Other merchants’ perspective
David Hawley, owner of Papa Keno’s Pizzeria on Massachusetts Street in Lawrence, said the presence of homeless people downtown had grown since onset of the COVID-19 pandemic in 2020. The city could have more than 400 homeless residents, he said.
“The safety and well-being of my staff and customers have been compromised as incidents of theft, aggression and other related issues have become more frequent,” he said. “I have employees that have been assaulted at work and on the way to their cars after work. These incidents not only create an unsafe environment, but also deter potential customers from visiting local establishments, leading to a decline in revenue.”
He said safety of homeless people was compromised when residing in makeshift camps, especially among those struggling with addiction or mental illness. Sidewalks and parks should be public spaces for the community, he said, rather than a location for homeless people to occupy.
“The diminished appeal of downtown areas and the safety concerns surrounding them deter potential investors and visitors, ultimately impeding the overall development and prosperity of our community,” Hawley said.
Brady Flannery, president of Weaver’s Department Store that had served Lawrence since the 1850s, said to understand the challenge of homelessness it was necessary to look at the problem through eyes of consumers.
“Safety is not interpreted by a third party. A mother feels safe parking her car in a public place and taking her children somewhere or she does not. A group of girlfriends feel safe going shopping and dining at certain places or they do not. There must be policies in place to deal with bad actors and criminal behavior,” he said.
Flannery told legislators Lawrence had a “brand” problem. The city claimed its downtown corridor was one of the state’s best tourist attractions, but the district had become undesirable because of homeless people, he said.
“What we have to deal with on a daily basis is needles, drugs, violence, mental health and its effect on customers, effect on employees,” he said. “There must be policies and laws in place to deal with bad actors and criminal behavior.”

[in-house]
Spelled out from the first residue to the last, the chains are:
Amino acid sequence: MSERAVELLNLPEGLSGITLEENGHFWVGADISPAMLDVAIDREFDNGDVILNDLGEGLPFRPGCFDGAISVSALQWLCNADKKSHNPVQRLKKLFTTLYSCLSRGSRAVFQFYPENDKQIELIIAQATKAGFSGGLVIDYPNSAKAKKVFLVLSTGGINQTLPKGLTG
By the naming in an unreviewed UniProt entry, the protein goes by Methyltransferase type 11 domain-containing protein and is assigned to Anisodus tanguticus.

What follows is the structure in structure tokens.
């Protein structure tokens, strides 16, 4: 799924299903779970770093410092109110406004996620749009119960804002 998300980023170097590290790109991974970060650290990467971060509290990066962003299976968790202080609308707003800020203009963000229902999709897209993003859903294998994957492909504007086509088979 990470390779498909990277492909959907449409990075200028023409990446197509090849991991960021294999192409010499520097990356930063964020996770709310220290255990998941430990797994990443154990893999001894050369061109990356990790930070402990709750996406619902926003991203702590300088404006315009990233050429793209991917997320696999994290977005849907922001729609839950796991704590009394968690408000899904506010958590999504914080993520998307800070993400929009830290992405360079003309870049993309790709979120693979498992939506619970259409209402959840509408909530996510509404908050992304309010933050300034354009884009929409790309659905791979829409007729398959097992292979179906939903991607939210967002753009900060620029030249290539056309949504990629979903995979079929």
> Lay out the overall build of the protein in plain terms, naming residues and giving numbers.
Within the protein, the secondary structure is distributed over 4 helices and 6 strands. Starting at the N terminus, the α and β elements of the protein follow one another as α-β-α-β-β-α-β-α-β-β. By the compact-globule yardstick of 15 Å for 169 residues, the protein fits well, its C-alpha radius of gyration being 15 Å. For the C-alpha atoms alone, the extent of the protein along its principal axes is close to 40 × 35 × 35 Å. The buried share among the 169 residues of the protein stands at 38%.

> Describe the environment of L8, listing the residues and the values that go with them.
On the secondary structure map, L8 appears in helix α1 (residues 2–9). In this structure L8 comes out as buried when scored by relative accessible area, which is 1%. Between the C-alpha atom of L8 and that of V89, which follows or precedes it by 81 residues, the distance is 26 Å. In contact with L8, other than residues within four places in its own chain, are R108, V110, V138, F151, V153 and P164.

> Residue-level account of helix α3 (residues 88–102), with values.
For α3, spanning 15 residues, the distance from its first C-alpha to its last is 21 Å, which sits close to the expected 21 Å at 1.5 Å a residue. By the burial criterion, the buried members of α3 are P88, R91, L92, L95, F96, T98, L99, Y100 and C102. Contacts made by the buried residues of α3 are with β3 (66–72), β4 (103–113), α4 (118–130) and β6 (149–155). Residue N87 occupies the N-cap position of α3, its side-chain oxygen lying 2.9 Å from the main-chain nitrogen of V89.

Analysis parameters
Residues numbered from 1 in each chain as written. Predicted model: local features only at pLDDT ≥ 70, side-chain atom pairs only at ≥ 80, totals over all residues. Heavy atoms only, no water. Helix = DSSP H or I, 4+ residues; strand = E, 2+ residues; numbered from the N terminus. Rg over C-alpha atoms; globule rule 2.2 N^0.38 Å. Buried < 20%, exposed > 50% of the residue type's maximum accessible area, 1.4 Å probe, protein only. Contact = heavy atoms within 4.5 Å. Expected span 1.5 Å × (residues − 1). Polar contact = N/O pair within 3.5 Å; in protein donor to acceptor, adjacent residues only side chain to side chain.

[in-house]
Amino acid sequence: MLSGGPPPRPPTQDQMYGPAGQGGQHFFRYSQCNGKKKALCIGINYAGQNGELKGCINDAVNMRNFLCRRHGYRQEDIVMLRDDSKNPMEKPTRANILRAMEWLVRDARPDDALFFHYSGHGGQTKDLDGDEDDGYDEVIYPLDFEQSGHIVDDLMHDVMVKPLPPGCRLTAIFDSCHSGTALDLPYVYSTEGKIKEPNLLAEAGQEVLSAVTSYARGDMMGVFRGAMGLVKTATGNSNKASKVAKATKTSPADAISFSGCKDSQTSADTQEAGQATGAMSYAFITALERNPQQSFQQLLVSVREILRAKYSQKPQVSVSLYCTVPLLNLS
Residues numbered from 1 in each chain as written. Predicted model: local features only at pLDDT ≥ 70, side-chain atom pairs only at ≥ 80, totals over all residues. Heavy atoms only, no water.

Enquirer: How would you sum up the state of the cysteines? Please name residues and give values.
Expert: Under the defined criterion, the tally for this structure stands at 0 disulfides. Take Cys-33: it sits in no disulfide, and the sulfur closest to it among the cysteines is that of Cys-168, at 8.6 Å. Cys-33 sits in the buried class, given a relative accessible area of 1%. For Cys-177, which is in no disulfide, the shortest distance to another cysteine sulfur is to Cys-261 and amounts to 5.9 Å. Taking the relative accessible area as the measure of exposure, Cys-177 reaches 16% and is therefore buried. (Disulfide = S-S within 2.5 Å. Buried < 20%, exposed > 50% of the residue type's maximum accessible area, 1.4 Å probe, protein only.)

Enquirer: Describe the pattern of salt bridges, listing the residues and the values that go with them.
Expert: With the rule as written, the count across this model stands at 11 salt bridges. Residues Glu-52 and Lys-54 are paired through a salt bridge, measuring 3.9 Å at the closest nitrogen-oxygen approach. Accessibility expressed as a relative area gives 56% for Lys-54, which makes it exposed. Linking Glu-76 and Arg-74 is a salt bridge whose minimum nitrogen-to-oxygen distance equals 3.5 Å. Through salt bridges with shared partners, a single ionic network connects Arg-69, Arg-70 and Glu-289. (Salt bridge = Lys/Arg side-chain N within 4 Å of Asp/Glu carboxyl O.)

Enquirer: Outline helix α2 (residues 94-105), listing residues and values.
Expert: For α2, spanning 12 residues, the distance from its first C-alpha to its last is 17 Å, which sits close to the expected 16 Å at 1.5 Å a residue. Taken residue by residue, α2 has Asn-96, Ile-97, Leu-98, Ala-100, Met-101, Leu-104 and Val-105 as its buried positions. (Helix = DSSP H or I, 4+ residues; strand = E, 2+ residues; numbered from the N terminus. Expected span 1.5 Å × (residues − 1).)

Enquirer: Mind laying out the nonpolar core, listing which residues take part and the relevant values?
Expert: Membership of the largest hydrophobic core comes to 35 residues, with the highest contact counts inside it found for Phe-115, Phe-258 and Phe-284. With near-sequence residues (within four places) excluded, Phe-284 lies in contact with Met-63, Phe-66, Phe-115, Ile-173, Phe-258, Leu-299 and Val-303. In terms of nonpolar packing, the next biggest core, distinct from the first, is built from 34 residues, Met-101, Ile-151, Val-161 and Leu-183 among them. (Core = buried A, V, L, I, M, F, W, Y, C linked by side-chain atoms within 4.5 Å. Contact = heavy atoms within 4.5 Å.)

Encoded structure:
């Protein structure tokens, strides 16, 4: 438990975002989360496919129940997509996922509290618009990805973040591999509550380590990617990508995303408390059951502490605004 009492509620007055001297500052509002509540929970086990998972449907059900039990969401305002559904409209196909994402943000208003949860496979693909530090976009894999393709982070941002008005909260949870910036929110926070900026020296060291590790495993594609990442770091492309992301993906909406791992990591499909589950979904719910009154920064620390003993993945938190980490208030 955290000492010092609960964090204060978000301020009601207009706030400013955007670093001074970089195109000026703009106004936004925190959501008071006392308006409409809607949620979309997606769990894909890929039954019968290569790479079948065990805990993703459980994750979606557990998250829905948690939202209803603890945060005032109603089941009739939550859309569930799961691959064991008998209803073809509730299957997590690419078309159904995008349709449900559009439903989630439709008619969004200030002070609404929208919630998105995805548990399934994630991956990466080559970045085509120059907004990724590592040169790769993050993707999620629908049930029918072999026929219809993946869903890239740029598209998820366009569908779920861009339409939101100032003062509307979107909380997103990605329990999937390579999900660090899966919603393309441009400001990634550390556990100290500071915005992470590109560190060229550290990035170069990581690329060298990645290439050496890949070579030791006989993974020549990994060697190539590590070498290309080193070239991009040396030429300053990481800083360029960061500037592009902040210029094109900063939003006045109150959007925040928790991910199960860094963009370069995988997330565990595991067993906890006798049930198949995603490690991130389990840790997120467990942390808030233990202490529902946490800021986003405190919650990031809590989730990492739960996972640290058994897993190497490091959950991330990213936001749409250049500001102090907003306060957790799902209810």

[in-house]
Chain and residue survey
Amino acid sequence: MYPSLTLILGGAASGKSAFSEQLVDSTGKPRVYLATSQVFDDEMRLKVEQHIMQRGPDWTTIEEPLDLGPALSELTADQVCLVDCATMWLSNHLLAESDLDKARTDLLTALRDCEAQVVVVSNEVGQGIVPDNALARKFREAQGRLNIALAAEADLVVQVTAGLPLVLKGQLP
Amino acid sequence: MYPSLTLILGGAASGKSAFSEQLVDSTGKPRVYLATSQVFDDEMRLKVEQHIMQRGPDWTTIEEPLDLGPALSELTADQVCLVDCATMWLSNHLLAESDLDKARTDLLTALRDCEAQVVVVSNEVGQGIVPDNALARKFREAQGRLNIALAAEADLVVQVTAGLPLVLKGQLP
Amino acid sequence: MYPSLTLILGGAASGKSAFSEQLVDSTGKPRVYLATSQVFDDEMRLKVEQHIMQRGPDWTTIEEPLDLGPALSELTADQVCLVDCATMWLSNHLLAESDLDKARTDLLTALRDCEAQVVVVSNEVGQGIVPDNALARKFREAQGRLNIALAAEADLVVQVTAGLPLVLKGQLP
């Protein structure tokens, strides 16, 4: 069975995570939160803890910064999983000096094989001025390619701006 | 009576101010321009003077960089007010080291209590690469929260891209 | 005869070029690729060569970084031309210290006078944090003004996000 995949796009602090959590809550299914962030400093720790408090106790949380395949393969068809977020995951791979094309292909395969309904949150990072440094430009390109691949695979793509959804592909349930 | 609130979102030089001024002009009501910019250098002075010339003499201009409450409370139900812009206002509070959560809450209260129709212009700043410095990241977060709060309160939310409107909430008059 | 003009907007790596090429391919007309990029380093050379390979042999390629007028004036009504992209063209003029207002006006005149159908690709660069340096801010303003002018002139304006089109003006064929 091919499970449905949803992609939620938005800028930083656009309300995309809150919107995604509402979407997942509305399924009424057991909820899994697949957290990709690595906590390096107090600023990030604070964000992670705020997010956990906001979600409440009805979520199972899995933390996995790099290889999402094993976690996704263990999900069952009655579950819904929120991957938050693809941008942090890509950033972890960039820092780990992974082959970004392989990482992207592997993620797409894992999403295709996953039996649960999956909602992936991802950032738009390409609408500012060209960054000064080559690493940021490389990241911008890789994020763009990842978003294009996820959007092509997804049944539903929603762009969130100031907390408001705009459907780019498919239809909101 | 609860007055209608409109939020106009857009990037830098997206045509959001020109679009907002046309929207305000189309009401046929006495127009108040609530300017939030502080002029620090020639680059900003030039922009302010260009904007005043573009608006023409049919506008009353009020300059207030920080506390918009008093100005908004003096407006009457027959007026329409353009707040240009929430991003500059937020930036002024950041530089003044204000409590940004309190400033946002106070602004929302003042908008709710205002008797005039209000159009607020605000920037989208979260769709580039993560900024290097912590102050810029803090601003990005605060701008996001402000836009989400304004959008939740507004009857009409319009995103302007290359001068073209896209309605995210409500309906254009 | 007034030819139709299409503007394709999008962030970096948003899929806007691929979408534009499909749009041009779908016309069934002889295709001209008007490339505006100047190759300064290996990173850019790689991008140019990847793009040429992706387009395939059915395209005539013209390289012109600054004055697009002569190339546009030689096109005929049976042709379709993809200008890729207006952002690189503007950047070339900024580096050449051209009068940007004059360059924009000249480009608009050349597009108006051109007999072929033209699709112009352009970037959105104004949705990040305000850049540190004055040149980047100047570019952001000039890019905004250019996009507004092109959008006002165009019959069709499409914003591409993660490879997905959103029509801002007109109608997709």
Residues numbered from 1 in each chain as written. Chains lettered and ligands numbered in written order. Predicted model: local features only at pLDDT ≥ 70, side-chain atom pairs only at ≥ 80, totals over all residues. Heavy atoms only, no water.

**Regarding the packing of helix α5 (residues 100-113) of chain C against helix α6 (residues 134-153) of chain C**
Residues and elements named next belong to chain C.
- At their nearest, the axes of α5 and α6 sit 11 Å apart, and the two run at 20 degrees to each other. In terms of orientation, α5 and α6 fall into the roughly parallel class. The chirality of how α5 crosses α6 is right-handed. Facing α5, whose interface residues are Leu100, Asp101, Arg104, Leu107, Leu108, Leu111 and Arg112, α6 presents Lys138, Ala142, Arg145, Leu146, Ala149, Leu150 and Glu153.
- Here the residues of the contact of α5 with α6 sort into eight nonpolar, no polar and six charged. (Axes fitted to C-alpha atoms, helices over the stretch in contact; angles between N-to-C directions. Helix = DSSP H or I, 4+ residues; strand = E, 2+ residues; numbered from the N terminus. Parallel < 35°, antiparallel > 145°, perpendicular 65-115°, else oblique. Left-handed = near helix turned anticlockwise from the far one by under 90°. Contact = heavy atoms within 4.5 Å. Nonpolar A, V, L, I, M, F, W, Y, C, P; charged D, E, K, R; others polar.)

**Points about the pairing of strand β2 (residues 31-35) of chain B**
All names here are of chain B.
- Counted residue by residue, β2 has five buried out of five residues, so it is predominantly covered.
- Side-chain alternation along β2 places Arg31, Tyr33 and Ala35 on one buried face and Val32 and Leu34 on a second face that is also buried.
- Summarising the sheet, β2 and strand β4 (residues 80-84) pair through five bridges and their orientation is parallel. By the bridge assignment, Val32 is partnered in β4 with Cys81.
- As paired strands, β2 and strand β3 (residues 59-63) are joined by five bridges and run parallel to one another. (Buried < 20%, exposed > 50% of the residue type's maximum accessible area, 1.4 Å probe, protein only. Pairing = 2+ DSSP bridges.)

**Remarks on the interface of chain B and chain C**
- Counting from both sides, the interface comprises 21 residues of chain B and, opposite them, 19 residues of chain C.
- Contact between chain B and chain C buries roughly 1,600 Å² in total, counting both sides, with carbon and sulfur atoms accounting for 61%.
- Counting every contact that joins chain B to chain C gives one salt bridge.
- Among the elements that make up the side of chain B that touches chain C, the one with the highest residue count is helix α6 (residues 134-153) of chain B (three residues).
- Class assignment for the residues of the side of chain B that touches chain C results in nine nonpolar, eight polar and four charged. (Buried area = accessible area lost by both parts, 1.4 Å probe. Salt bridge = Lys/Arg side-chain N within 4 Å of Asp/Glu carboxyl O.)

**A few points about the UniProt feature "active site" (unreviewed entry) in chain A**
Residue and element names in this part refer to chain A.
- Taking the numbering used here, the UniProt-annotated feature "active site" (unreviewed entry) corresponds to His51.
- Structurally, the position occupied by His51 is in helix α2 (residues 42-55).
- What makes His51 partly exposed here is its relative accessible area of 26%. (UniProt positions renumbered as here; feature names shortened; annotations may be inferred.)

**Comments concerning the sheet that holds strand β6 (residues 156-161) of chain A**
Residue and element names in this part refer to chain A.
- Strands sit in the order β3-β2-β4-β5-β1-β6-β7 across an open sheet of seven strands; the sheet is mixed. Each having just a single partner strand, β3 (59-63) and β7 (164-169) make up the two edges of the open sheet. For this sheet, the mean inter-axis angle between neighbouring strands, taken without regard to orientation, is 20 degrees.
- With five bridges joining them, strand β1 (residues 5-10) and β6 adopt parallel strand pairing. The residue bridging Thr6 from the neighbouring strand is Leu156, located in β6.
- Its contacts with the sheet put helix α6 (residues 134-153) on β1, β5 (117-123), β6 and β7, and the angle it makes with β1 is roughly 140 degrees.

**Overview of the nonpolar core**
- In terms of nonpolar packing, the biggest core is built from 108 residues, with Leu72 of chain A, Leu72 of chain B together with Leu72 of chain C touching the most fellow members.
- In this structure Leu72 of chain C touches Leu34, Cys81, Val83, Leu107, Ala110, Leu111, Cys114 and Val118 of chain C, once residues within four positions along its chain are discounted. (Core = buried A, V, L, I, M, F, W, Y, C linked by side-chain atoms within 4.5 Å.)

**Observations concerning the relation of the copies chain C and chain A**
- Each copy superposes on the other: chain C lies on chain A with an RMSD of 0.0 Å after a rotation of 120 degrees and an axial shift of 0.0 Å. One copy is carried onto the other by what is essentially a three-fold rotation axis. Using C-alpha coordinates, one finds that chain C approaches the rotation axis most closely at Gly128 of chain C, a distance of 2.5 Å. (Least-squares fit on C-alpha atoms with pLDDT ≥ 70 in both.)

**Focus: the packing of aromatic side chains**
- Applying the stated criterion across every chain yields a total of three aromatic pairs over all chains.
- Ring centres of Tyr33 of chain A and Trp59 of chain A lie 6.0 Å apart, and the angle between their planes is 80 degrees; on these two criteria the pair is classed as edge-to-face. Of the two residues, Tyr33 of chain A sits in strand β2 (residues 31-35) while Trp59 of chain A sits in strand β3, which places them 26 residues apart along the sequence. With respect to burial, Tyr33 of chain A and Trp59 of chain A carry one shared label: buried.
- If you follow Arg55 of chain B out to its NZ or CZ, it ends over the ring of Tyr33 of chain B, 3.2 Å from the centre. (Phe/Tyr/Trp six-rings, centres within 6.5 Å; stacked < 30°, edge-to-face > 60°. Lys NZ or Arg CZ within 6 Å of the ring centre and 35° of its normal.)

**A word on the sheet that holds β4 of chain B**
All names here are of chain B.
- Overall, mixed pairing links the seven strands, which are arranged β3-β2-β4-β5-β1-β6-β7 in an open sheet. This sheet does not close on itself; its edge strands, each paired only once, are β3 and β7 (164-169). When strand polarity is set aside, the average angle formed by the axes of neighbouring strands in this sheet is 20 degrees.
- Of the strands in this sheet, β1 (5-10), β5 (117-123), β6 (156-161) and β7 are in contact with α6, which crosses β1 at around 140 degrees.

Rep. Francis Awerkamp, a St. Marys Republican and chairman of the special committee on homelessness, said he was surprised by escalation of the problem in Lawrence, the ability of homeless people to disrupt commerce and the apparent law enforcement vacuum. St. Marys is located between Topeka and Manhattan, and has a population of about 3,000. Lawrence’s population is closer to 95,000.
“I’m from a smaller town. If I went personally and I did some of the activity (described), I’d get a pretty quick visit from the local police chief,” Awerkamp said. “There would be consequences. I can’t do those things. I’m not going to go through someone’s dumpster on Main Street. How is that happening in downtown Lawrence? Law and order — it starts there.”
Sen. Beverly Gossage, a Eudora Republican said experiences of Hill-Nelson, Hawley and Flannery were “horrible” and theorized city government officials adopted rules or regulations that created a magnet for unhoused people.
“That’s the last thing you need,” she said. “Government can sometimes be the problem, even if they don’t mean to be.”
Rep. Susan Humphries, R-Wichita, said it was difficult to understand why Lawrence would contemplate expansion of services or facilities to the homeless because that could exacerbate the problem as more people without shelter voluntarily or involuntarily moved there.
“Let’s be honest,” she said. “We hear it’s just a good place to be homeless.”
Individuals and families caught in the cycle of homelessness shouldn’t be viewed through a political lens, said Rep. Allison Hougland, an Olathe Democrat who has worked with homeless people for a decade.
“I want us to remember that we’re talking about people,” Hougland said. “This is an issue, but the homeless are people that need a place to live.”